Eviction doesn't scare Berlin Airbnb hosts
The Local · 19 Feb 2015, 11:03
Published: 19 Feb 2015 11:03 GMT+01:00
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"I still do it. I don't think it will stop people. There are so many hosts in Berlin and worldwide“, said Emma Freeman, a freelance artist.
"Plus Berlin is so anonymous, I don't think my landlord will find out.“
In a recent decision, the state court of Berlin reinforced earlier rulings that subletting a rented apartment on Airbnb constituted such a "severe breach of contract“ that a landlord could not reasonably be expected to continue the contract until the period where it can be terminated.
While the short-term financial rewards tend to outweigh the threat of eviction for many sub-letters, some say they mitigate their risk by not subletting their apartments too often.
"In many ways it does discourage me as I'm obviously not looking to go to court.“ Mary Vincent, a hostel employee, said. "So I just keep my renting at a minimum. Just when I think, 'hey, it's busy in Berlin, maybe I can make half my rent in a few days.'“
Frenyo had similar thoughts.
"I don't do it too much. Just 1-2 weeks every 1-2 months. When I'm travelling anyway. It's a good way to pay flights, she said. "if I had a lot of money, I wouldn't do it. It's strenuous to keep having to pack away your private things.“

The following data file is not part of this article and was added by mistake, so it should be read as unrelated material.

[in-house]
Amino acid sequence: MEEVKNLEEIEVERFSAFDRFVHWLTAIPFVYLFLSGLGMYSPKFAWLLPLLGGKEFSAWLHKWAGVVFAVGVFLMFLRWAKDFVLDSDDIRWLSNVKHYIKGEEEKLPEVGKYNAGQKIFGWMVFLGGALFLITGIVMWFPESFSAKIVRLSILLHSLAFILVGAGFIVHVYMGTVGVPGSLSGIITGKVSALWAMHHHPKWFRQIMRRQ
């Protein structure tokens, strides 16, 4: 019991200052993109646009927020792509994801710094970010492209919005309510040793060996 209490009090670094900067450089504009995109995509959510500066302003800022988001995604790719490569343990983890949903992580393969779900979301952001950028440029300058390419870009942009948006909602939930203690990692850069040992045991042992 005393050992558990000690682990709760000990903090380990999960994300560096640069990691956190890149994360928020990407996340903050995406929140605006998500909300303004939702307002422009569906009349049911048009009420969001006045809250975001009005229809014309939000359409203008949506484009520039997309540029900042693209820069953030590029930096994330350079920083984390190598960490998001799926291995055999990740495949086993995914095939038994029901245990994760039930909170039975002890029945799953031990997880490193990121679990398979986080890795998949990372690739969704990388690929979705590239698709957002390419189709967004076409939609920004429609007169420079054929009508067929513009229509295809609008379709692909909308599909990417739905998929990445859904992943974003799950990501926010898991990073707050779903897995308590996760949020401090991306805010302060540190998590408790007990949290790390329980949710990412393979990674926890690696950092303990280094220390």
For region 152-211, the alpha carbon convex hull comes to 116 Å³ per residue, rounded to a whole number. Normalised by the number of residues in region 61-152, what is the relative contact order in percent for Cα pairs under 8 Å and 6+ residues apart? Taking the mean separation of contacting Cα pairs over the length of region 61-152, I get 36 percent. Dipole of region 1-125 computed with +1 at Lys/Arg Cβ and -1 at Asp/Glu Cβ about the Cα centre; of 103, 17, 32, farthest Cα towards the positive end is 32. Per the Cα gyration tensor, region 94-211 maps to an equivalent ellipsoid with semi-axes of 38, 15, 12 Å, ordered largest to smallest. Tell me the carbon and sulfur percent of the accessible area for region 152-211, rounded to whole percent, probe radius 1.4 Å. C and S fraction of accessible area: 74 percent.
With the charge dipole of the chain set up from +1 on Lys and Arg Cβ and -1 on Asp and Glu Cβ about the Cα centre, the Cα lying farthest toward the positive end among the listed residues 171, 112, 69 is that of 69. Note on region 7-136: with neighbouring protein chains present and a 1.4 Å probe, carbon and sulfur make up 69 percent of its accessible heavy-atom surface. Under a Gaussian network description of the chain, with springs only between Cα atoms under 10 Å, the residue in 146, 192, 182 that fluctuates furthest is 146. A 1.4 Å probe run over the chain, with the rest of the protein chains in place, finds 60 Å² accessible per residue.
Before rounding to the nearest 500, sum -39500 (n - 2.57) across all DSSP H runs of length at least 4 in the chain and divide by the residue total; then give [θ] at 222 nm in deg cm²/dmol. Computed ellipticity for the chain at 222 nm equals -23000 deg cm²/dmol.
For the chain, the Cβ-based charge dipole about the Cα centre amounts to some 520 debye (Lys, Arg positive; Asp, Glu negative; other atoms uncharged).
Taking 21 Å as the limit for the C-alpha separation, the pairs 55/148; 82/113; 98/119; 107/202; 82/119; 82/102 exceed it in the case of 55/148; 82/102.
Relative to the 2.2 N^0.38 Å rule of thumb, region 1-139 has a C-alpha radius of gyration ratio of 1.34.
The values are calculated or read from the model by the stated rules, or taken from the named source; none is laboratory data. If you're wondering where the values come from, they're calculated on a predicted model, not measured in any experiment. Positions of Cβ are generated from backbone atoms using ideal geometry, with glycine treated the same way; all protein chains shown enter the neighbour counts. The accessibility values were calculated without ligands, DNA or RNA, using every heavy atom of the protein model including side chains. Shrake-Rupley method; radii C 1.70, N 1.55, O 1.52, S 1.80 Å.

That a tenant advertises his apartment online after being warned by his landlord not to do so is enough grounds for eviction, even without the apartment actually being occupied by Airbnb users, according to the court press release on its decision.
This would be an "unmistakeable“ expression of the intent to carry on renting the apartment to tourists "against the will of the landlord“.
Naming someone else in an Airbnb ad as the "host" for the apartment is also unlikely to get the tenant off the hook, as the courts would view simply view the third party as an extension of the tenant.
Harsh rules or no, these are still dependent on a landlord's ability to enforce his contract. Vincent said she knows what she would say if she is ever confronted.
“I've decided my landlord isn't exactly the most responsible or responsive person either”, she said. “If he ever said anything, I would say, 'well, why didn't you answer my emails about how our front door doesn't close and people stealing mail?'”
The court ruling follows the sharpening of short-term rental regulations to deal with a housing shortage late last year, which required those wishing to rent their apartments to tourists to register with the Berlin Senate, who would then grant or deny permission to do so.